Art & Entertainment | Book Reviews | Education | Entertainment Video | Health | Lifestyle | Sport | Sport Video | Search

 


Hector’s dolphins looking for WWII underwater mines

Hector’s dolphins looking for WWII underwater mines


Leading New Zealand tourism operator Black Cat Cruises is working with the New Zealand Navy who are training Hector’s dolphins to look for old World War II underwater mines off the Canterbury coast.

A spokesperson for the navy said that Hector’s dolphins were highly intelligent and were proving very easy to train to locate potentially dangerous underwater mines left over from World War II.

“The US Navy has been working with dolphins since the late 1950's,” he said. “Research was geared towards analysing the dolphin’s hydrodynamics and sonar and the US Navy carried out a wide variety of experiments to determine whether dolphins could be trained to locate and retrieve ‘lost’ objects from the seabed using its sonar. They were successful in using dolphins to replace expensive electronic equipment and human divers and things have evolved since then.”

The New Zealand Navy is conscious that a number of underwater mines may potentially still be on the sea floor off the coast of Canterbury, having been laid there at the height of tensions in World War II.

After contacted the US Navy and exploring options regarding their work with dolphins the NZ Navy decided training local Hector’s dolphins was the best, most cost effective solution to look for the dangerous mines.

Black Cat Cruises Managing Director Paul Bingham said his company was ‘very excited’ to be working with the New Zealand Navy on what he called a ‘ground breaking project.’

It’s a proven fact that dolphins possess intelligence second only to man's and they have the ability to learn tasks quickly and efficiently,” he said.

“Our local Hector’s dolphins have done us proud. They have picked things up way faster than expected and a number of mines have already been found.”

Bingham said the navy had access to Black Cat Cruises vessels, staff and knowledge of the local area and its research on Hector’s dolphins.

Ends

© Scoop Media

 
 
 
 
 
Culture Headlines | Health Headlines | Education Headlines

 

Super Rugby: Parade To Celebrate Highlanders’ Win

The Dunedin City Council is urging people to come along on Monday to congratulate the team on its win in Wellington tonight. The Highlanders will leave from outside the Dental School at midday. More>>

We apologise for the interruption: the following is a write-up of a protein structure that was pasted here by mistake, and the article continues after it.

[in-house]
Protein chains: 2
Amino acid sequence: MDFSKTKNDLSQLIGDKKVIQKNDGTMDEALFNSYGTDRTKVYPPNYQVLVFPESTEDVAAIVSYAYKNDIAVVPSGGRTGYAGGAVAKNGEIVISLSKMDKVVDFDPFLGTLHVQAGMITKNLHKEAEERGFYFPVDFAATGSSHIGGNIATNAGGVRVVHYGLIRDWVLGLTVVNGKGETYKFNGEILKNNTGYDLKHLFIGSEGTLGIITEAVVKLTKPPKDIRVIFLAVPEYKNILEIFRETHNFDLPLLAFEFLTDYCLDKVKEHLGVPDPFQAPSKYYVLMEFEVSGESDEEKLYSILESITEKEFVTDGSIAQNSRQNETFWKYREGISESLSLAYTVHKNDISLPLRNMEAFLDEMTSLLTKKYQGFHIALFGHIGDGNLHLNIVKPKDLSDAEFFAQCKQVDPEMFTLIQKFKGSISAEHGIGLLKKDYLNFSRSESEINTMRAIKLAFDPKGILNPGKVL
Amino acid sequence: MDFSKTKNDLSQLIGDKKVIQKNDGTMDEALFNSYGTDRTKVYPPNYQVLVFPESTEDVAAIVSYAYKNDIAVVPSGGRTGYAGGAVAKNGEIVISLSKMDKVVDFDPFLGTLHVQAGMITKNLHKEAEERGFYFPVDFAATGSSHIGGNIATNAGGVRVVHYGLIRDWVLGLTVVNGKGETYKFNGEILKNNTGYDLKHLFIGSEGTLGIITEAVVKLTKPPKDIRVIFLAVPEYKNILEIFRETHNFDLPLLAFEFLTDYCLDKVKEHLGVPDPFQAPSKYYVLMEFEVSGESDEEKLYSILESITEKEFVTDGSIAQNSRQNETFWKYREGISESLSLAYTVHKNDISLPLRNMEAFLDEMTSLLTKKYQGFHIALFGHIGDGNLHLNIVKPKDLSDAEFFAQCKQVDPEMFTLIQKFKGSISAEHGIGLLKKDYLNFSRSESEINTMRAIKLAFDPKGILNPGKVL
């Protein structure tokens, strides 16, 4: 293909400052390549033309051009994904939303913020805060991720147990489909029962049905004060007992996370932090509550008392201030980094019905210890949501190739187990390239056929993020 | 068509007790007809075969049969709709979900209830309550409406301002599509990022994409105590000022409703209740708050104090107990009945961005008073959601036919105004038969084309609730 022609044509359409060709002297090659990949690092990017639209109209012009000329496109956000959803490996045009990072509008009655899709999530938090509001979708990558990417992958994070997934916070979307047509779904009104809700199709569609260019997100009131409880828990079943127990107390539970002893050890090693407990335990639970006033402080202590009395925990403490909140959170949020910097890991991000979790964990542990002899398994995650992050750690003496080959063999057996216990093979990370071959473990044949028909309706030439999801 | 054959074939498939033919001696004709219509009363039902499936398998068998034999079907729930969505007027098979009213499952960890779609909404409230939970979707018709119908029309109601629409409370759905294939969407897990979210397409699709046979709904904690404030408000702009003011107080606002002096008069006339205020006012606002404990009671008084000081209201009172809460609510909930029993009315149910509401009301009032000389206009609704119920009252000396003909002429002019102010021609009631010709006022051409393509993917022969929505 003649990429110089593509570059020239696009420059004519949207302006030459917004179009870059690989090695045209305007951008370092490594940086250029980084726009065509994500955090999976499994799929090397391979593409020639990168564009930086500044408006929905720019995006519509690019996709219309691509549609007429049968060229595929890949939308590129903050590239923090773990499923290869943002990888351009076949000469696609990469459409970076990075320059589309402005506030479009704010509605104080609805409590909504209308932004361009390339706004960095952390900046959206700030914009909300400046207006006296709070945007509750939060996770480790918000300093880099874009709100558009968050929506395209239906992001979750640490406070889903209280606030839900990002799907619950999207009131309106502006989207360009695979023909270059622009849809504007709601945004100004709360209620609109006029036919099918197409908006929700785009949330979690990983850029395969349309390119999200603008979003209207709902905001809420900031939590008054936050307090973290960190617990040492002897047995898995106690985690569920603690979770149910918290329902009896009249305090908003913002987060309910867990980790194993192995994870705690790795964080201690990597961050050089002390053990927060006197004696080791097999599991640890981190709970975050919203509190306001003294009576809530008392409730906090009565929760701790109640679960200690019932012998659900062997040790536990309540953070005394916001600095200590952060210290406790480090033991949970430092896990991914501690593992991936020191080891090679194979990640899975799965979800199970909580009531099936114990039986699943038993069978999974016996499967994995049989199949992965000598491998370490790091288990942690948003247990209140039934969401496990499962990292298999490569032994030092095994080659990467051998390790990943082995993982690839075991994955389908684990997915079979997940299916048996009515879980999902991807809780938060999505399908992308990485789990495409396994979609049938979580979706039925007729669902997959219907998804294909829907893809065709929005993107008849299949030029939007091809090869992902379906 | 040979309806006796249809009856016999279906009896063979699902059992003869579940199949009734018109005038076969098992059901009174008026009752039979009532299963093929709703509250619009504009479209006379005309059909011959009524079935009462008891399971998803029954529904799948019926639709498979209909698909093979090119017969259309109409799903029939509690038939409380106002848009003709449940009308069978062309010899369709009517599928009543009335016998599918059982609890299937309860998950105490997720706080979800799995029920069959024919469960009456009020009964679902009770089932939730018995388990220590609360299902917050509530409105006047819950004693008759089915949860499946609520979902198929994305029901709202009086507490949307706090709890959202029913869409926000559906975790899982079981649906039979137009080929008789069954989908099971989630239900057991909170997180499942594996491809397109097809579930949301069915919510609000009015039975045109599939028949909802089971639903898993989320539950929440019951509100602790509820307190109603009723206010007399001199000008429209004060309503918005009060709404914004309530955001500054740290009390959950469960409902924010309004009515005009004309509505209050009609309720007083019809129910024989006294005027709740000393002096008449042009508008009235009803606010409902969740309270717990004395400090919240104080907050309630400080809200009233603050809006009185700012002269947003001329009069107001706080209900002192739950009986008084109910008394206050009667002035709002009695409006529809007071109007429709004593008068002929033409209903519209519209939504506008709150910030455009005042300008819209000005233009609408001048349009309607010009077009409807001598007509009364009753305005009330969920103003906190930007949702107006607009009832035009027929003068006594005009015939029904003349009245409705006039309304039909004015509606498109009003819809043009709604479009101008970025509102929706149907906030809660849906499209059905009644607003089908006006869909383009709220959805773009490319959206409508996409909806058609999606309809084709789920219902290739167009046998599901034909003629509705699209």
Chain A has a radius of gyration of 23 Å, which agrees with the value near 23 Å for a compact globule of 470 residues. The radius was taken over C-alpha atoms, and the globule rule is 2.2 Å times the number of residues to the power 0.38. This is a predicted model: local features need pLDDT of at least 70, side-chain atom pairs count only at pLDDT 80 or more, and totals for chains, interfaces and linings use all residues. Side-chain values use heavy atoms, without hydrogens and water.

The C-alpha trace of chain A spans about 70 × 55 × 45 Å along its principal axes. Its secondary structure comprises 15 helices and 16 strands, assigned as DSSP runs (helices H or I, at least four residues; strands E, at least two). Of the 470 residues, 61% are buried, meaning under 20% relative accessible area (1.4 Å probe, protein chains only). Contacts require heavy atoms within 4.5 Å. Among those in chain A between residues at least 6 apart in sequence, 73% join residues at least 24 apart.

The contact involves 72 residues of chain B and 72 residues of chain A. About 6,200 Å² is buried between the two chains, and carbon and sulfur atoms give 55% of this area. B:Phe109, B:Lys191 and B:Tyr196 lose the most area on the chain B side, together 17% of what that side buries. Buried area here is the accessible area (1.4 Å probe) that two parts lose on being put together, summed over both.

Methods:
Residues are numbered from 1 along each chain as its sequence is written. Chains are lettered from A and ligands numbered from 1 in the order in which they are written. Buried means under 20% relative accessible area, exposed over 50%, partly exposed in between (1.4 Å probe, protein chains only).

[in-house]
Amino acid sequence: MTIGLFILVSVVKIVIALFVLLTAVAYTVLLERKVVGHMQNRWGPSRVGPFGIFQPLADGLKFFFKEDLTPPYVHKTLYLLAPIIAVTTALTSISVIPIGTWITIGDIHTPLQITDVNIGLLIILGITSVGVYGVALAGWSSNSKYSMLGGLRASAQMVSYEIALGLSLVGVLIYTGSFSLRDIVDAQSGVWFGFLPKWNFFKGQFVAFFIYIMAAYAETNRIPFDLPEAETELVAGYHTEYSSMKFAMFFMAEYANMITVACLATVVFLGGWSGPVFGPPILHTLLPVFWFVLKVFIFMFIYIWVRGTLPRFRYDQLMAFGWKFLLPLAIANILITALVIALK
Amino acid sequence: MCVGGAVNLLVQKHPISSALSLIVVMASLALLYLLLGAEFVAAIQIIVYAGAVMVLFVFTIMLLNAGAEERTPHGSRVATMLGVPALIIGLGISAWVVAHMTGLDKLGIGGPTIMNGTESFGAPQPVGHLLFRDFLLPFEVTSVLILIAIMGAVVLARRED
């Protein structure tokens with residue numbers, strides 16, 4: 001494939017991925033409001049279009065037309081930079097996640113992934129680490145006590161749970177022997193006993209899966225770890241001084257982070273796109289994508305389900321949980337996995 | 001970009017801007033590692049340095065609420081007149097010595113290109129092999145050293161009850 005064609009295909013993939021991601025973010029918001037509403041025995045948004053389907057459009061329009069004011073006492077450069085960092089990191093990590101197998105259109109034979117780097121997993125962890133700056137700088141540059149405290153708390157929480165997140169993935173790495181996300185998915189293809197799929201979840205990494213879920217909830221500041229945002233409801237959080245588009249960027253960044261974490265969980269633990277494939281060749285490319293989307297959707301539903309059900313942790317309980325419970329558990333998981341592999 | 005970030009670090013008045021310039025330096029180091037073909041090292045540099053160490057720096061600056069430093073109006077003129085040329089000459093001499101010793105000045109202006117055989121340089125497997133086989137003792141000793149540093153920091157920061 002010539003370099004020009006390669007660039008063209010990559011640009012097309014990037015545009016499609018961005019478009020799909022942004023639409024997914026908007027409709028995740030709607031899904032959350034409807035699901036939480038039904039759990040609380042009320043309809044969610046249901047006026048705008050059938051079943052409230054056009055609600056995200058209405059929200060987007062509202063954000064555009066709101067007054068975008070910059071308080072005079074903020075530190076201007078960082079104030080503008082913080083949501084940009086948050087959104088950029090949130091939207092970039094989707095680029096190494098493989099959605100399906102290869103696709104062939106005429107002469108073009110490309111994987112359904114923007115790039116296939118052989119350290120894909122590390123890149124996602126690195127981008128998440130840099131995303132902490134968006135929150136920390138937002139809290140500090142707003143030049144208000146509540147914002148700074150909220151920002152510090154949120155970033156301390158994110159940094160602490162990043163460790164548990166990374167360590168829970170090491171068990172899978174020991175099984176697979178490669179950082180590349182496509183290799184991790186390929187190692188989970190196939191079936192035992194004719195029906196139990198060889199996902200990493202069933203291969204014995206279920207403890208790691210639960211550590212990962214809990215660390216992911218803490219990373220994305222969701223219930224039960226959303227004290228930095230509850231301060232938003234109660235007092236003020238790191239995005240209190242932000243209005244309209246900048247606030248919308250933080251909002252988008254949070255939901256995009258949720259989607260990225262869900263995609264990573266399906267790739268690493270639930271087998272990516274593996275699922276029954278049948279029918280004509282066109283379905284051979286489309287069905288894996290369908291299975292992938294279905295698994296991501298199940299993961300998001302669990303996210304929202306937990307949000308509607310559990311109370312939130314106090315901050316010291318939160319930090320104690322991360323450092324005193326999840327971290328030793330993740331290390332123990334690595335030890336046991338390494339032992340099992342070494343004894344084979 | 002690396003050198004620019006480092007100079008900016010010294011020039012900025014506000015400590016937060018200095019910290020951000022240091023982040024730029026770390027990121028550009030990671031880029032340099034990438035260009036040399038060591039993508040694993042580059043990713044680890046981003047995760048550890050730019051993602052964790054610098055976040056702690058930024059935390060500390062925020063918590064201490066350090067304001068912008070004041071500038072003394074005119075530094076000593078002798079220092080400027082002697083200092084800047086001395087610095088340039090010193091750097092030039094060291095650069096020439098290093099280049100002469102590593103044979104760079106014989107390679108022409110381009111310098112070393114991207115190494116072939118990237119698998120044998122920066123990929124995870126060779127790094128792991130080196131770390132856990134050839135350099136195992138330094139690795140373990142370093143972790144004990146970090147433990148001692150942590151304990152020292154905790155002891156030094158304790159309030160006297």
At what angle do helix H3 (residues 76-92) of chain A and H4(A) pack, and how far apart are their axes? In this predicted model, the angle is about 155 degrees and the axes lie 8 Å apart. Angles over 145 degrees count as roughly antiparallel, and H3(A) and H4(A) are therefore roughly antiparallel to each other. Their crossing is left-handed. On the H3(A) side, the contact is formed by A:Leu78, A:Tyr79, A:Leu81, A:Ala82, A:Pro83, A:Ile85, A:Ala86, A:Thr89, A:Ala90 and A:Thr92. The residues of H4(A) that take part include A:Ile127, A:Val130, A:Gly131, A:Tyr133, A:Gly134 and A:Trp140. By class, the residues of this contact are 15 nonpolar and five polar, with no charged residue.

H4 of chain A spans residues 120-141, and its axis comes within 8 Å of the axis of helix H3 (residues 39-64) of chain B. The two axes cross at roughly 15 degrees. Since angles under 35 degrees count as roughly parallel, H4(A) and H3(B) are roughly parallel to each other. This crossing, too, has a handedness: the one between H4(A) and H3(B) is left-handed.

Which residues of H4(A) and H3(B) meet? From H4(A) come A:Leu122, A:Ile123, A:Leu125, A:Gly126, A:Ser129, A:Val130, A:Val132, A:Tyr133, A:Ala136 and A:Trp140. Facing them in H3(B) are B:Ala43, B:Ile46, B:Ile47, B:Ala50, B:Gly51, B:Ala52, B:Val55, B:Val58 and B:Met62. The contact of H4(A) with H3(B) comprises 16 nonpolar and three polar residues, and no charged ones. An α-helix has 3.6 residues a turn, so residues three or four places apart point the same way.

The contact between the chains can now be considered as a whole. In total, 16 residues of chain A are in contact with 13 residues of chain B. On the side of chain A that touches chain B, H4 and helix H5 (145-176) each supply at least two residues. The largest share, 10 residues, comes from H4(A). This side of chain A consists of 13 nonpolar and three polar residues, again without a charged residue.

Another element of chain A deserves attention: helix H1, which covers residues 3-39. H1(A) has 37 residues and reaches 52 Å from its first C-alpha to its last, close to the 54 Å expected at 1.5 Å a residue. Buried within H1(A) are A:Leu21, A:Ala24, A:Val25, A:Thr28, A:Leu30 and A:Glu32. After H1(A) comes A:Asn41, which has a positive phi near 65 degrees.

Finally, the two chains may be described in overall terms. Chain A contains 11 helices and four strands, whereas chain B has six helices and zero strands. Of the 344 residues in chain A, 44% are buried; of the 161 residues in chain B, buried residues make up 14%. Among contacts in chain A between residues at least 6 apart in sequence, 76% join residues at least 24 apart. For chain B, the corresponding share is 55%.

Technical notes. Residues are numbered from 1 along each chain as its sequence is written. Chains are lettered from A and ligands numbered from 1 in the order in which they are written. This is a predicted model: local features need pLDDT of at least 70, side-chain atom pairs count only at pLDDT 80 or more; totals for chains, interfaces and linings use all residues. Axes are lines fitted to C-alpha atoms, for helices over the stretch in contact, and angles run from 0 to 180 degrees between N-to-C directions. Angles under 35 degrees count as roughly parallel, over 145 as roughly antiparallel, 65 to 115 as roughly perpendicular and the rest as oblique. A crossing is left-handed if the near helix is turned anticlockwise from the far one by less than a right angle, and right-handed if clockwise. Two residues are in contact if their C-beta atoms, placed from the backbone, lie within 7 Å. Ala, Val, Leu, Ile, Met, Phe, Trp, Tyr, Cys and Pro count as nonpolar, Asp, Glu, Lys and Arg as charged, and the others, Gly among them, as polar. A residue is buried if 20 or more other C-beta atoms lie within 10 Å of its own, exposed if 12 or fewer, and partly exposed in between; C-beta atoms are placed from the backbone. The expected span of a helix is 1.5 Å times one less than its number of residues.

ALSO:

Album Review: Donnie Trumpet And The Social Experiments: Surf

Chance the Rapper is one of my favourite rappers of the last couple years. He bought a uniquely fucked up, acid sound with his debut Acid Rap which has demonstrably influenced others including ILoveMakonnen and A$AP Rocky. It’s remarkable that, at such a ... More>>

Photos: Inside The Christchurch Arts Centre Rebuild

Lady Pippa Blake visited Christchurch Arts Centre chief executive André Lovatt, a 2015 recipient of the Blake Leader Awards. The award celebrated Lovatt’s leadership in New Zealand and hisand dedication to the restoration of the Arts Centre. More>>

Running Them Up The Flagpole: Web Tool Lets Public Determine New Zealand Flag

A School of Design master’s student is challenging the flag selection process by devising a web tool that allows the public to feed their views back in a way, he says, the current government process does not. More>>

ALSO:

Survey: ‘The Arts Make My Life Better’: New Zealanders

New Zealanders are creative people who believe being involved in the arts makes their lives better and their communities stronger. Nine out of ten adult New Zealanders (88%) agree the arts are good for them and eight out of ten (82%) agree that the arts help to improve New Zealand society. More>>

ALSO:

Wellington.Scoop: Reprieve For Te Papa Press

Following its review of the role of Te Papa Press, Te Papa has committed to continue publishing books during the museum’s redevelopment, Chief Executive Rick Ellis announced yesterday. More>>

Get More From Scoop

 
 

LATEST HEADLINES

 
 
 
 
Culture
Search Scoop  
 
 
Powered by Vodafone
NZ independent news